As Taiwan democratizes, its people and their friends constantly explore and re-evaluate the nation's history. One key question is: "Who was responsible for Taiwan's leaving the UN in October 1971?"
M. Nalapat argued that Washington, London, Paris and Tokyo lacked the "moral courage" to keep Taiwan in the UN despite the Chinese Nationalist Party (KMT) government's support for all the US' actions ("An Indian idea for easing tensions," Oct. 19, page 8). I have had the chance to use the Ministry of Foreign Affairs archives in Taiwan to examine this. The archive material suggests that the blame falls almost entirely on the Republic of China (ROC) government of formerPresident Chiang Kai-shek (
The heart of the problem was Chiang's "one China" policy. In 1964, for example, when France and Beijing recognized each other, their communique said nothing about Taiwan. France did not break relations with Taiwan. Rather, despite apparent urgings from the US to maintain relations with France, the Republic of China on Taiwan unilaterally broke relations with France, stating Taiwan "firmly opposes any advocacy of two Chinas and this national policy absolutely will not change under any circumstances."
American archives do reveal that Nixon and Kissinger, in the words of Nalapat, were "untrue and ungrateful friends" of Taiwan. The ministry archives reveal, however, that the US as well as Australia, Japan and New Zealand did make significant efforts to keep Taiwan in the UN.
As early as Feb. 24, 1971, some eight months before Taiwan left the UN, the ministry prepared some "extremely top secret" materials outlining the various options for Taiwan as well as original texts and Chinese translations of several motions proposed by various parties.
In mid-1971, the US and other countries began to push for a "dual representation" solution. The Australian ambassador to Taipei, Hugh Dunn, wrote on June 4, 1971, to then Minister of Foreign Affairs Chow Shu-kai (
Chow showed some willingness to adjust to the new situation. When talking to the Japanese ambassador to Taipei, he said: "Although I have no way to approve of it and under the circumstances must express my opposition, we could tolerate its existence." The English phrase, "We can live with it," is added to the Chinese text.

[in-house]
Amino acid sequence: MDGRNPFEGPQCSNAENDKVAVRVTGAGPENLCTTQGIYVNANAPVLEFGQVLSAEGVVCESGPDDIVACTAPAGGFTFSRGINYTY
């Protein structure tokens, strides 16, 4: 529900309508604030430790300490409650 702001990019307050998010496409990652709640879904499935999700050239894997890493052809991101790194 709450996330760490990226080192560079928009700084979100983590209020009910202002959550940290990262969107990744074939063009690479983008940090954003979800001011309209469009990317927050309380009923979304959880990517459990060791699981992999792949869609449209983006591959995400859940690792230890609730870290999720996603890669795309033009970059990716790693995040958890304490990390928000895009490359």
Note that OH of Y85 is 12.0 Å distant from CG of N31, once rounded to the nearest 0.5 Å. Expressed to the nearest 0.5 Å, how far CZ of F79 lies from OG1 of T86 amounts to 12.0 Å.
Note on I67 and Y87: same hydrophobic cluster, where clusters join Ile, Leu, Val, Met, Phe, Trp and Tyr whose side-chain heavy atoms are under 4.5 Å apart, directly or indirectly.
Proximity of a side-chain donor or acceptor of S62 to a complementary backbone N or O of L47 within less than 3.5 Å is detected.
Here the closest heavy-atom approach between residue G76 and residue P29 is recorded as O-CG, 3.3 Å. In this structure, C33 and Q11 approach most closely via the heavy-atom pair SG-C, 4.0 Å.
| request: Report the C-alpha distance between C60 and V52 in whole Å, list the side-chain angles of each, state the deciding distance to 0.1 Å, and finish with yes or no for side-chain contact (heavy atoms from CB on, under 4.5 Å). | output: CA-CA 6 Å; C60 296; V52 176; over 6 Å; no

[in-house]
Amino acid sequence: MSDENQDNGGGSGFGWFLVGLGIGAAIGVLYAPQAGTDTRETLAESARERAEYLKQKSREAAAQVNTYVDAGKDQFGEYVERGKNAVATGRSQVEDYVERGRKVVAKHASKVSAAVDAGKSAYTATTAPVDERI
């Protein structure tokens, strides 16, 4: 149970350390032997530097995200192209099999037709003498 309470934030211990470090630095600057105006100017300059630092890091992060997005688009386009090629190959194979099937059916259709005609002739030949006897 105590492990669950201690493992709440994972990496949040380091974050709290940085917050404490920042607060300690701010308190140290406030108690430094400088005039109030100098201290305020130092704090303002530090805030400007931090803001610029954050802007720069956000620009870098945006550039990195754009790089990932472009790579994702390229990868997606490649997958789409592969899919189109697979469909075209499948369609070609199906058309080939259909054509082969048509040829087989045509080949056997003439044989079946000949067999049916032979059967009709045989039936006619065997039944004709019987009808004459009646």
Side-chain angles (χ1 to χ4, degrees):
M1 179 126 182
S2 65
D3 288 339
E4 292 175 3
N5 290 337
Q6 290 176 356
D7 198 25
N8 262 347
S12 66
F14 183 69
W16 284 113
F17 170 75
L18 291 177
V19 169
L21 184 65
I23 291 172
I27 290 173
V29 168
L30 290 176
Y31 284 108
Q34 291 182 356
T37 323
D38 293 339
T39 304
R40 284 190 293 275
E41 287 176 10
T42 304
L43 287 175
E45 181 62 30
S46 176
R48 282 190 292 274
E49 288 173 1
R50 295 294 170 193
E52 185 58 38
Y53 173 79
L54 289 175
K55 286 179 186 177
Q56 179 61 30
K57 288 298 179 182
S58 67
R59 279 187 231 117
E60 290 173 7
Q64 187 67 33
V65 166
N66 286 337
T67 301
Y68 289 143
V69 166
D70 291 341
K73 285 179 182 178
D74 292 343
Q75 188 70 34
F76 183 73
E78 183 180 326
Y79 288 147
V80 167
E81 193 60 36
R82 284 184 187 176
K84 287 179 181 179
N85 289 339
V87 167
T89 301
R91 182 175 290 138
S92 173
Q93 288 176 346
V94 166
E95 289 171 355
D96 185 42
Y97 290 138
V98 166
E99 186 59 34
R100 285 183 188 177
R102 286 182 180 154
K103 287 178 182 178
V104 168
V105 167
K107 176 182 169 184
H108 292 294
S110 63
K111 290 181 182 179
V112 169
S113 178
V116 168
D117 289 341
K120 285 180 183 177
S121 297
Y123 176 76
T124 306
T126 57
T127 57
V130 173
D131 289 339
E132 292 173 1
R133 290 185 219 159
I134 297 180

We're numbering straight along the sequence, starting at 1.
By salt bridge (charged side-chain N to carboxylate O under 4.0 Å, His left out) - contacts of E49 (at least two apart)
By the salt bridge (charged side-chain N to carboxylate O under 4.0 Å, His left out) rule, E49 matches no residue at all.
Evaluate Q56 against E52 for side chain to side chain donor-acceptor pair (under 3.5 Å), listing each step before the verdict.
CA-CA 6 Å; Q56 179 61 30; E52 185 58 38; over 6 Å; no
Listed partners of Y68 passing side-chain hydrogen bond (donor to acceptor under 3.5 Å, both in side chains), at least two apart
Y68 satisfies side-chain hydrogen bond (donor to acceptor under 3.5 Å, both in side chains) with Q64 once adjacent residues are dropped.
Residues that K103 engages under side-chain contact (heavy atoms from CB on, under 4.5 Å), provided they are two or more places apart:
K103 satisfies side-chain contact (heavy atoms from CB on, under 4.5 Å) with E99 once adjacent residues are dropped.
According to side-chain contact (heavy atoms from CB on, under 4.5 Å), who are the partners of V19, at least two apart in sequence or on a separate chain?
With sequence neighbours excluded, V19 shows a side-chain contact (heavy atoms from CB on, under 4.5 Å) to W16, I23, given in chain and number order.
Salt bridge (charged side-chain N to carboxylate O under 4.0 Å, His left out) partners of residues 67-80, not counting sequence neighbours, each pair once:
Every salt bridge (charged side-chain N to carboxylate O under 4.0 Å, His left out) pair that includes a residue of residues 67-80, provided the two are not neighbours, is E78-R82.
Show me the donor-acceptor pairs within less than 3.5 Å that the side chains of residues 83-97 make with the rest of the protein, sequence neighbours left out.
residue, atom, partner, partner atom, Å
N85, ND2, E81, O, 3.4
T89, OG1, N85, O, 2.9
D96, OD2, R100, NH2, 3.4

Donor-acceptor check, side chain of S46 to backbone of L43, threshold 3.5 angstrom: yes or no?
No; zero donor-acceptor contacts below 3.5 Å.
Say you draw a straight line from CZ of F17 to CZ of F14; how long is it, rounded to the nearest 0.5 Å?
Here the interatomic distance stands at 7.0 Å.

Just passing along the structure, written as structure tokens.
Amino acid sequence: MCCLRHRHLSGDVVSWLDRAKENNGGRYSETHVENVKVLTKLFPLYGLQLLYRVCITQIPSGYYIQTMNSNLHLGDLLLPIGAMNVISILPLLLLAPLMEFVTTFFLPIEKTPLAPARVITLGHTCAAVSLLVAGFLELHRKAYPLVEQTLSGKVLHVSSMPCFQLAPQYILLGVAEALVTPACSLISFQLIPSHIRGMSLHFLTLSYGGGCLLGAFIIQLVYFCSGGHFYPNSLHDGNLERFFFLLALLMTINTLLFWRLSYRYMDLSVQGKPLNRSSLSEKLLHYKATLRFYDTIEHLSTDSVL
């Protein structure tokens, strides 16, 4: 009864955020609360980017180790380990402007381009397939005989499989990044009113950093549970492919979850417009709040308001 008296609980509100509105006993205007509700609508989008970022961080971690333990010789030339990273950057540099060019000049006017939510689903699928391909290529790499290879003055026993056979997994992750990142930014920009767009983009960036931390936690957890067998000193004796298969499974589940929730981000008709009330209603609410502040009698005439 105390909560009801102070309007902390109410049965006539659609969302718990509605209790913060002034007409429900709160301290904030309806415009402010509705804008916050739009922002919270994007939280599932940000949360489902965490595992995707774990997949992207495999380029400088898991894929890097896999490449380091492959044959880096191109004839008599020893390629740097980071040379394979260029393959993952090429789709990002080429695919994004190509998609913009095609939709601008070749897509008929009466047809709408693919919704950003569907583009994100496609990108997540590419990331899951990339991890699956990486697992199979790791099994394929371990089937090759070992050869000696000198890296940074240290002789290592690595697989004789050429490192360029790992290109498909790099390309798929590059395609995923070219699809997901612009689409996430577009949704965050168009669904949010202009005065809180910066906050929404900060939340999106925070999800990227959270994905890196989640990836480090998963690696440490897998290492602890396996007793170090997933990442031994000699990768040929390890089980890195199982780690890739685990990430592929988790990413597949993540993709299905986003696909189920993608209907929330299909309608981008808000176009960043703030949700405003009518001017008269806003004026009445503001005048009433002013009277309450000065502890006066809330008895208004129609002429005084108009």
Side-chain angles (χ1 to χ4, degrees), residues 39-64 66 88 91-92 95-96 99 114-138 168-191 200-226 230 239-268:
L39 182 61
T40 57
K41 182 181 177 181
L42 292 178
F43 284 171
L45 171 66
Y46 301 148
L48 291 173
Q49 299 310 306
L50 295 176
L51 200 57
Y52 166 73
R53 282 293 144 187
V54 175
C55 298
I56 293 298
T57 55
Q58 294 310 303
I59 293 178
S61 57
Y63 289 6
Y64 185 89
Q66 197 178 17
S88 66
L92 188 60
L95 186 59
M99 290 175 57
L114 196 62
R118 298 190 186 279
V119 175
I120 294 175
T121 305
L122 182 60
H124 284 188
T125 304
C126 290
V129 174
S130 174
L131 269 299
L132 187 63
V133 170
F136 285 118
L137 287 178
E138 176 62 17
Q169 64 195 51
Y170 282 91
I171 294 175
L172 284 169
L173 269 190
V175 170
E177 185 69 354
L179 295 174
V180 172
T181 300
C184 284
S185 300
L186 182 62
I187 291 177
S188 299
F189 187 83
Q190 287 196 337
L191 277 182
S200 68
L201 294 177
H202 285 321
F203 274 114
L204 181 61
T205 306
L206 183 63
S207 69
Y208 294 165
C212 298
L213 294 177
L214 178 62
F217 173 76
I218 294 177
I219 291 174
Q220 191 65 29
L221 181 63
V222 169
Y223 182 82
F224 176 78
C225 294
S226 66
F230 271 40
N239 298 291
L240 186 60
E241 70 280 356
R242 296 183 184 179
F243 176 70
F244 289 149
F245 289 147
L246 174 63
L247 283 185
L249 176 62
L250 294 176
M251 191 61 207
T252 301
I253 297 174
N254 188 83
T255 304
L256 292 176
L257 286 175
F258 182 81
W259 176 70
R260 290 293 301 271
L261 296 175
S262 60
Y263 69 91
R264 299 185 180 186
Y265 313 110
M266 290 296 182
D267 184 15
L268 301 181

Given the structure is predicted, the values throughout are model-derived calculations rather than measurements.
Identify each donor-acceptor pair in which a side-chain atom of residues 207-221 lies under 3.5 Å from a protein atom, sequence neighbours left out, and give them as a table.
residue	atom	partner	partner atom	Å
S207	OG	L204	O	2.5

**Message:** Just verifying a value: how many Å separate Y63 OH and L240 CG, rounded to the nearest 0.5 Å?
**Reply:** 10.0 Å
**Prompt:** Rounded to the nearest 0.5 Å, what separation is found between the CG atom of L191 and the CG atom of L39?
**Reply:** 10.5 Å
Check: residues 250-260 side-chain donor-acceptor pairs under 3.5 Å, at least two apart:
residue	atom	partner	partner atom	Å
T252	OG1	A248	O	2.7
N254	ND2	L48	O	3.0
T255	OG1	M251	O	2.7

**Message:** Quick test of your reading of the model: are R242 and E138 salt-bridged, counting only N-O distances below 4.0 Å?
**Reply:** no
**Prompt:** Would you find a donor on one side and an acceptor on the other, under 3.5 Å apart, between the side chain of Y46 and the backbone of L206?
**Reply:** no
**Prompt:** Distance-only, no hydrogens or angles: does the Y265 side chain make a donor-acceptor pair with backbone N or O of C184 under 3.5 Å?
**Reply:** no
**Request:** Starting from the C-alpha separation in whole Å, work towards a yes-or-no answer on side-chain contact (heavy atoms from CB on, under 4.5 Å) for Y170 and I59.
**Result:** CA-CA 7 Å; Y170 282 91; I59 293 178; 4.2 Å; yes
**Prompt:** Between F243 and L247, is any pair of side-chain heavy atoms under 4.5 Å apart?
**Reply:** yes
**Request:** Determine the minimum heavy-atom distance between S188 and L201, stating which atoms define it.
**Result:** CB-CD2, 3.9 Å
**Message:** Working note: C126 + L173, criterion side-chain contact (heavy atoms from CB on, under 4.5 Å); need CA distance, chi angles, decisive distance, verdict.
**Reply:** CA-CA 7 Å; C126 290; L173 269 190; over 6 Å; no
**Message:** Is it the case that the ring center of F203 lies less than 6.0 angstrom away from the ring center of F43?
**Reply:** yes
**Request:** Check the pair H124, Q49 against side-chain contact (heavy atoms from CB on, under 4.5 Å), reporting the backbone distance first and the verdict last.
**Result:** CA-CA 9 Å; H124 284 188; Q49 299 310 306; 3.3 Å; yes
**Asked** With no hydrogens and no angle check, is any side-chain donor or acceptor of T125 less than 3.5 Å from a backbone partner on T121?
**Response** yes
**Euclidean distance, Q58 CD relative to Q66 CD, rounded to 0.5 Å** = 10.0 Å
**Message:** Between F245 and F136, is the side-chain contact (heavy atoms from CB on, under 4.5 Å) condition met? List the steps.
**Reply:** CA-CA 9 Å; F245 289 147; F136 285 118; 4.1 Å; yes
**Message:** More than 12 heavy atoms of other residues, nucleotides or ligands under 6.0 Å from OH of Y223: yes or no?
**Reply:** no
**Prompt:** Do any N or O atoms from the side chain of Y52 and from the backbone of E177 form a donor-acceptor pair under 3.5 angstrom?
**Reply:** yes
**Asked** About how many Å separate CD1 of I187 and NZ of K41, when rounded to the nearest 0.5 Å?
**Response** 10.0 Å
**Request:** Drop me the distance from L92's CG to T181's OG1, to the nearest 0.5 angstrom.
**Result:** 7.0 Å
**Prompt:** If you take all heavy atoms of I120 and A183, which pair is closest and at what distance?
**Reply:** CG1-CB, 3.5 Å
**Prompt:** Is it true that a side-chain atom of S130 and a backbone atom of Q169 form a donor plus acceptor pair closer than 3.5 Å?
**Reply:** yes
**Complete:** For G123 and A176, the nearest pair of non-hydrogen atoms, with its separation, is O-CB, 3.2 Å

In an "absolutely secret" secret document dated Aug. 3, 1971, the ministry laid out the options and Taiwan's preferences. The first preference was that the "important question" motion be passed, which meant that the PRC would require a two-thirds vote to be admitted. The second preference was "dual recognition." But even at this late moment, after more than 20 years of rejecting any alternative to "one China," the Nationalist authorities would not openly embrace dual recognition.
This posed difficult problems for Taiwan as the motion "is in opposition to [the] basic stance of opposition to any `two Chinas' arrangement," especially one in which Taiwan surrendered its seat on the Security Council to the PRC. Thus, "we must always express opposition." But, since our "purpose is to defeat the Albanian resolution, this is a tactical measure, so our ambassadors must explain to the governments, where they are posted, the reasons why we cannot support the dual recognition motion." This complicated message was very difficult to convey to others.
US secretary of state William Rogers wrote a four-page letter to Chow on Sept. 8, 1971. He noted that on Aug. 2, the US government had announced its policy of dual representation and sought support around the world. Unfortunately, the US had failed to "assemble even a minimally acceptable list of co-sponsors" for dual recognition because the US had not mentioned the Security Council seat. Rogers warned that the Albanian resolution admitting China and expelling Taiwan would pass and that dual representation would not even come to the floor -- unless the US made clear what would happen to the Security Council seat.
Rogers did make an announcement that China would gain the Security Council seat and secured Australia, Japan and New Zealand as co-sponsors of the dual representation motion. An examination of Taiwan's secret materials at the UN Mission reveals that one, Taiwan overestimated its strength at the UN and two, "China", ie, the ROC, still had not made up its mind on dual recognition. On a table of whether countries would support or oppose dual recognition, the document stated, "We are still not included" as supporting dual recognition. Thus, the KMT hesitated right up to the very end.
As Rogers had forecast, the dual recognition motion never made it to the floor. The important question motion failed and the Albanian motion then came to the floor and passed. Taiwan's ambassador to the UN, Liu Chieh (
Bruce Jacobs is professor of Asian languages and studies at Monash University in Melbourne, Australia, and director of its Taiwan Research Unit.
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